Crucian Gold charm bracelet by Lucy Mercer/A Cook and Her Books

The sugar mills are from the time when the Virgin Islands were a stop on the slave trade, the Triangle Trade as it was known. The Dutch who settled the islands in the 17th century enslaved Africans who were brought to the islands to plant and process the sugar. The sugar, usually in the form of molasses or sugar cane juice, was then taken to the American colonies, usually Boston, to be distilled into rum. The rum, in turn was loaded onto ships and sent to Africa were it was traded for more slaves. The Triangle trade - molasses, rum, humans, molasses, rum, humans.

When contemplating rum, as with many foods, the modern interpretation is vastly different from the historical truth. Rum today is the essence of the tourist-dependent Caribbean - a fruity, umbrella’d cocktail on a sun-bleached beach beside the deep blue sea. A good book, a comfy chair, a cooling drink, and hours spent trying to find the horizon, the place where cerulean sky and azure sea meet. Rum, with its sharp acetone fragrance, is made for fruit, especially the tropical bounty of the Caribbean - pineapple, mango and coconut distract you from the kick.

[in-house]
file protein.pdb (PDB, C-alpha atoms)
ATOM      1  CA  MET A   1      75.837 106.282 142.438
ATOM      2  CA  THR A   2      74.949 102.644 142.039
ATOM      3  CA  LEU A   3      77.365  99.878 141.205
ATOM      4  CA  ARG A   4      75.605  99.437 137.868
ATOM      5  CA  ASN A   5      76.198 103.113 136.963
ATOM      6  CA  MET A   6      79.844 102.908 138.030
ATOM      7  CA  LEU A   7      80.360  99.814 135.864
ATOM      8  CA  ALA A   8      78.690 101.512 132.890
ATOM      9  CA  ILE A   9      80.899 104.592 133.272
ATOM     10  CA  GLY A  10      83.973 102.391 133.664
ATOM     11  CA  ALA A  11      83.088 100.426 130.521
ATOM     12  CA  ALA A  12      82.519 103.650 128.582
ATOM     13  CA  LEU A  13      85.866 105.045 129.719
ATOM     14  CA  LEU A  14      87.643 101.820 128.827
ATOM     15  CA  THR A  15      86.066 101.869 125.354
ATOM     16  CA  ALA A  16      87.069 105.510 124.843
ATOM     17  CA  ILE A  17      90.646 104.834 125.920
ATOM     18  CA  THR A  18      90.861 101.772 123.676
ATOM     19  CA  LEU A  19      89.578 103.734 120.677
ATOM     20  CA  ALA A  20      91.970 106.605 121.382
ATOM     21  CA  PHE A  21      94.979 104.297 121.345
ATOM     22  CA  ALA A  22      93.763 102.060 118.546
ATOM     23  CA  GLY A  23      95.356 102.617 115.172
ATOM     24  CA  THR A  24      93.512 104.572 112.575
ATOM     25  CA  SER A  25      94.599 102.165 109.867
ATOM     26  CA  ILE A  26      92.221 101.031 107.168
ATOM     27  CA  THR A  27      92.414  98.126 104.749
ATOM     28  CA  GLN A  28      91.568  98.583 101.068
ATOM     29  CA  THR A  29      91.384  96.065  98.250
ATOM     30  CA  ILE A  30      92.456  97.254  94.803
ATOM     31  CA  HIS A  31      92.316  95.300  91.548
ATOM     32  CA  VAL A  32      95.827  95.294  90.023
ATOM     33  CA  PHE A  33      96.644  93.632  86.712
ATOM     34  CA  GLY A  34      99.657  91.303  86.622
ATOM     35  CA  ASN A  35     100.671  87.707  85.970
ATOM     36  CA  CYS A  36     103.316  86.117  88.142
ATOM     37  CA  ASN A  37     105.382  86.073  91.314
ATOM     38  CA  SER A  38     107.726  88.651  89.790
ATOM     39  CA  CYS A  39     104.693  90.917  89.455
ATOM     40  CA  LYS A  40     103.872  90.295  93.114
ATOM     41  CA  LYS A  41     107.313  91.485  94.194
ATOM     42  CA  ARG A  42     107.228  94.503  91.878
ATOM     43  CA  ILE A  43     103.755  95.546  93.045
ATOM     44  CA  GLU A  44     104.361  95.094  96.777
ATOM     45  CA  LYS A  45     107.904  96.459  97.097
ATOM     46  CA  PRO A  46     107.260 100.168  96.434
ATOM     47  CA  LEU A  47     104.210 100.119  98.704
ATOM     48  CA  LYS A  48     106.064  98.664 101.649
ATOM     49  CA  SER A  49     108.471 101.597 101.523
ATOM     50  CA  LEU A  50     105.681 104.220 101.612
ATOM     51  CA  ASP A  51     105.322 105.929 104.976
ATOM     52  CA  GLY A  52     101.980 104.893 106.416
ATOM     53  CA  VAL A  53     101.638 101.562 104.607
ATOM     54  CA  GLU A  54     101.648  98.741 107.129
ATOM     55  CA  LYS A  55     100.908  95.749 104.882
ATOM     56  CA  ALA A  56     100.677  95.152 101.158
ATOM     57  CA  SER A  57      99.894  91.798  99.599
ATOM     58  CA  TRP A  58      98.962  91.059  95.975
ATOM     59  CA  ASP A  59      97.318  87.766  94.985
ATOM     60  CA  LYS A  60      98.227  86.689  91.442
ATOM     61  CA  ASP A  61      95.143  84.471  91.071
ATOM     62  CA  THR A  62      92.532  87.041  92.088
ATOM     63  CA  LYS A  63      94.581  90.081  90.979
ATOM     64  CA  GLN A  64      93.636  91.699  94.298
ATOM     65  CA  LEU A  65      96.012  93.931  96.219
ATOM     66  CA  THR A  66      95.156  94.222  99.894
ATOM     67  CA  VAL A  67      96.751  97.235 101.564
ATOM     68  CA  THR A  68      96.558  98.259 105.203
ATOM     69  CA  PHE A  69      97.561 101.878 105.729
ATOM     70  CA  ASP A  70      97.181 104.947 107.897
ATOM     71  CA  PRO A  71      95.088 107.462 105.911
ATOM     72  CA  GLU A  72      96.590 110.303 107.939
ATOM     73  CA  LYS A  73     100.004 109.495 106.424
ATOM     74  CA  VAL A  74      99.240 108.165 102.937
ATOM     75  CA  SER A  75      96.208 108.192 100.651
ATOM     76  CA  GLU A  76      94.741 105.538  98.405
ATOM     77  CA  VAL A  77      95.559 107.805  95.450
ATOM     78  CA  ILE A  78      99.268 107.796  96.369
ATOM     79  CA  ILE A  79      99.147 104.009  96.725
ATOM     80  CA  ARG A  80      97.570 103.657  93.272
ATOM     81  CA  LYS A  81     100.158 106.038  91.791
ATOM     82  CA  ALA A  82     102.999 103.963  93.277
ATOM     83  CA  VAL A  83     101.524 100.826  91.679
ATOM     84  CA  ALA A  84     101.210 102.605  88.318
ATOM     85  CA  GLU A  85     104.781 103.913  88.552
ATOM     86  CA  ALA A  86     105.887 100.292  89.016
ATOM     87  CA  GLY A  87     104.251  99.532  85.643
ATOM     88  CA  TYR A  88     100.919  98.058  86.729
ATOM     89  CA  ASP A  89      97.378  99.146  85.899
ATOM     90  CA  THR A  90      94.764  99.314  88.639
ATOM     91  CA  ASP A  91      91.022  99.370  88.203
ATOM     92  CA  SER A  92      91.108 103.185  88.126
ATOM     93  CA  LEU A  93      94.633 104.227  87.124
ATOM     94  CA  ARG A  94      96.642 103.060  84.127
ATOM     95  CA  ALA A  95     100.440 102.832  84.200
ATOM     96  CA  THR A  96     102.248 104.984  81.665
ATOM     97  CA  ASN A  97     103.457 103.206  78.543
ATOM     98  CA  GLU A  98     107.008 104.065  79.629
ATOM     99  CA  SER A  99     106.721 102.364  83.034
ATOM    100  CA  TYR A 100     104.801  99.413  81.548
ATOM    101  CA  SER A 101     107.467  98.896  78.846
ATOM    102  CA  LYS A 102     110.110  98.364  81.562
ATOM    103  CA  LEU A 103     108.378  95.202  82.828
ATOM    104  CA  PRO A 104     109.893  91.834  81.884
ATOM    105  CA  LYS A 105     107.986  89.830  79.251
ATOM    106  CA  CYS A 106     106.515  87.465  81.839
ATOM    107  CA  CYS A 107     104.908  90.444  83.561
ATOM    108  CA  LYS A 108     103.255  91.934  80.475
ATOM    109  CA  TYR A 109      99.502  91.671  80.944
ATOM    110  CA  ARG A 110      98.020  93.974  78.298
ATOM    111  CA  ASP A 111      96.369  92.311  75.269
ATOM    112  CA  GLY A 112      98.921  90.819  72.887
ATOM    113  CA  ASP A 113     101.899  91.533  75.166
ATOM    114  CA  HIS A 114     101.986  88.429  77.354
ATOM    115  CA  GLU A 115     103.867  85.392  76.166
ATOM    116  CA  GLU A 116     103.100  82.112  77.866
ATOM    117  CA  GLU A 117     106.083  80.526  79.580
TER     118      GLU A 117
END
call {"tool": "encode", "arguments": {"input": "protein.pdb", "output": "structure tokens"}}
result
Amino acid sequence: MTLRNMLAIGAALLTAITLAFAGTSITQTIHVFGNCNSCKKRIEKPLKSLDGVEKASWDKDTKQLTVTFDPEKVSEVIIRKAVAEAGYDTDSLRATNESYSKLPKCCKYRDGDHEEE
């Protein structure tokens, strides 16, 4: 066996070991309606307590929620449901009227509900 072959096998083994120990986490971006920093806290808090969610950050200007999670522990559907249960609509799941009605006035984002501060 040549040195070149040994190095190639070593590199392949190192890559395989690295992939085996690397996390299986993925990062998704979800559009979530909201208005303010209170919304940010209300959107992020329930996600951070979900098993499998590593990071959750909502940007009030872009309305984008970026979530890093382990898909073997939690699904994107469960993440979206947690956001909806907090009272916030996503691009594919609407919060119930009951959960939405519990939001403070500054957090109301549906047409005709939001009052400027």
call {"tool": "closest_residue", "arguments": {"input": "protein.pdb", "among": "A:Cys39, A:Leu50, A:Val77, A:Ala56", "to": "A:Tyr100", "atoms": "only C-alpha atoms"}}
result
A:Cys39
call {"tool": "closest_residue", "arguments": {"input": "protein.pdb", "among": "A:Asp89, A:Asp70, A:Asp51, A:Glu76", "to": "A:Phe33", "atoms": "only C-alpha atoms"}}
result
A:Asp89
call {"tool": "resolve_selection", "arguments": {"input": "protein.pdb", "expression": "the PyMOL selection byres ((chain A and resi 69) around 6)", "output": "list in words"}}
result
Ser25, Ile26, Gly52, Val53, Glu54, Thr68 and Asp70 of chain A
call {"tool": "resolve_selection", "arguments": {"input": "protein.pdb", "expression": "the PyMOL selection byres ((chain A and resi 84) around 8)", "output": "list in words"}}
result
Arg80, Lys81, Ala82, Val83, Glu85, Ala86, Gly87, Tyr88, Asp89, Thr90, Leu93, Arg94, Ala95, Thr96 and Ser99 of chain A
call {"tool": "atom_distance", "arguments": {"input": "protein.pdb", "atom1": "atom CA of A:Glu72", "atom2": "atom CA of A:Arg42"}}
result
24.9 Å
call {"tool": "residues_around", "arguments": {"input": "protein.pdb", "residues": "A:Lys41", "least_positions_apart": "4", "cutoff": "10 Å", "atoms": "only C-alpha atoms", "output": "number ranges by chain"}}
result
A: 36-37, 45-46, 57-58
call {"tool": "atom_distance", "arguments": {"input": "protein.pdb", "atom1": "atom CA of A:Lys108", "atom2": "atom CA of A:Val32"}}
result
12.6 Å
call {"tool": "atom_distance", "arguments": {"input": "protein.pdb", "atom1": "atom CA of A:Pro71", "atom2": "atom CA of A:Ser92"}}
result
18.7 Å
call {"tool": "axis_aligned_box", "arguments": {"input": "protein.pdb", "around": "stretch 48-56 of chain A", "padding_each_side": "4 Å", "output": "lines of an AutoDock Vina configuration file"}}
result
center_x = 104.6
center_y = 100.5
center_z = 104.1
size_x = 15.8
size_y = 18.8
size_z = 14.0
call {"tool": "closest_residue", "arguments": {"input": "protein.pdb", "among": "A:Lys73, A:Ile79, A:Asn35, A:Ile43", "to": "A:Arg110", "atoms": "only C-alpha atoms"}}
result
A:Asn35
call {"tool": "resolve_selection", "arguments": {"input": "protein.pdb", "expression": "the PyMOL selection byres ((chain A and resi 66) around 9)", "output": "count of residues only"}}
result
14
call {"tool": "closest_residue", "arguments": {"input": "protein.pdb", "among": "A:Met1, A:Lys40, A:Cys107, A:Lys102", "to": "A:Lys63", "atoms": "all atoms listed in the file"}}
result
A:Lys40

I suppose I could open up a copy of Mr. Boston's to come up with a recipe to spotlight rum, but in this case, I decided to consult a master, Top Chef Masters Season Two winner, celebrity chef and all-around nice guy Marcus Samuelsson.

marcus grin
Marcus Samuelsson by Pedro Soto/Foodie Atlanta

That’s right, cutie pie competitor Marcus Samuelsson, he of the engaging grin and fierce competitive streak, not to mention spiffy candy-apple red Chuck Taylors, showcased on the most recent season of the reality show that pits seasoned chefs mano a mano in food challenges. Samuelsson bested a field of 16 big-name chefs, coming out on top with a three course meal that described his culinary journey across three continents.

When I asked Marcus about rum drinks, he said immediately, “Well, do you know about rum and Barbados and the slave trade?” Samuelsson has a duality that’s apparent once you know his intriguing biography - born Kassaham Tsegie in Ethiopia 39 years ago, he lost his mother at age 3 in a tuberculosis outbreak, was then adopted by parents in Sweden, his identity changed with one airplane flight - he became Marcus Samuelsson. He found his art at his Swedish grandmother’s apron strings while learning to cook meatballs with lingonberry sauce and other comfort foods, then went on to apprentice at fine European restaurants and eventually emigrated to this country 20 years ago.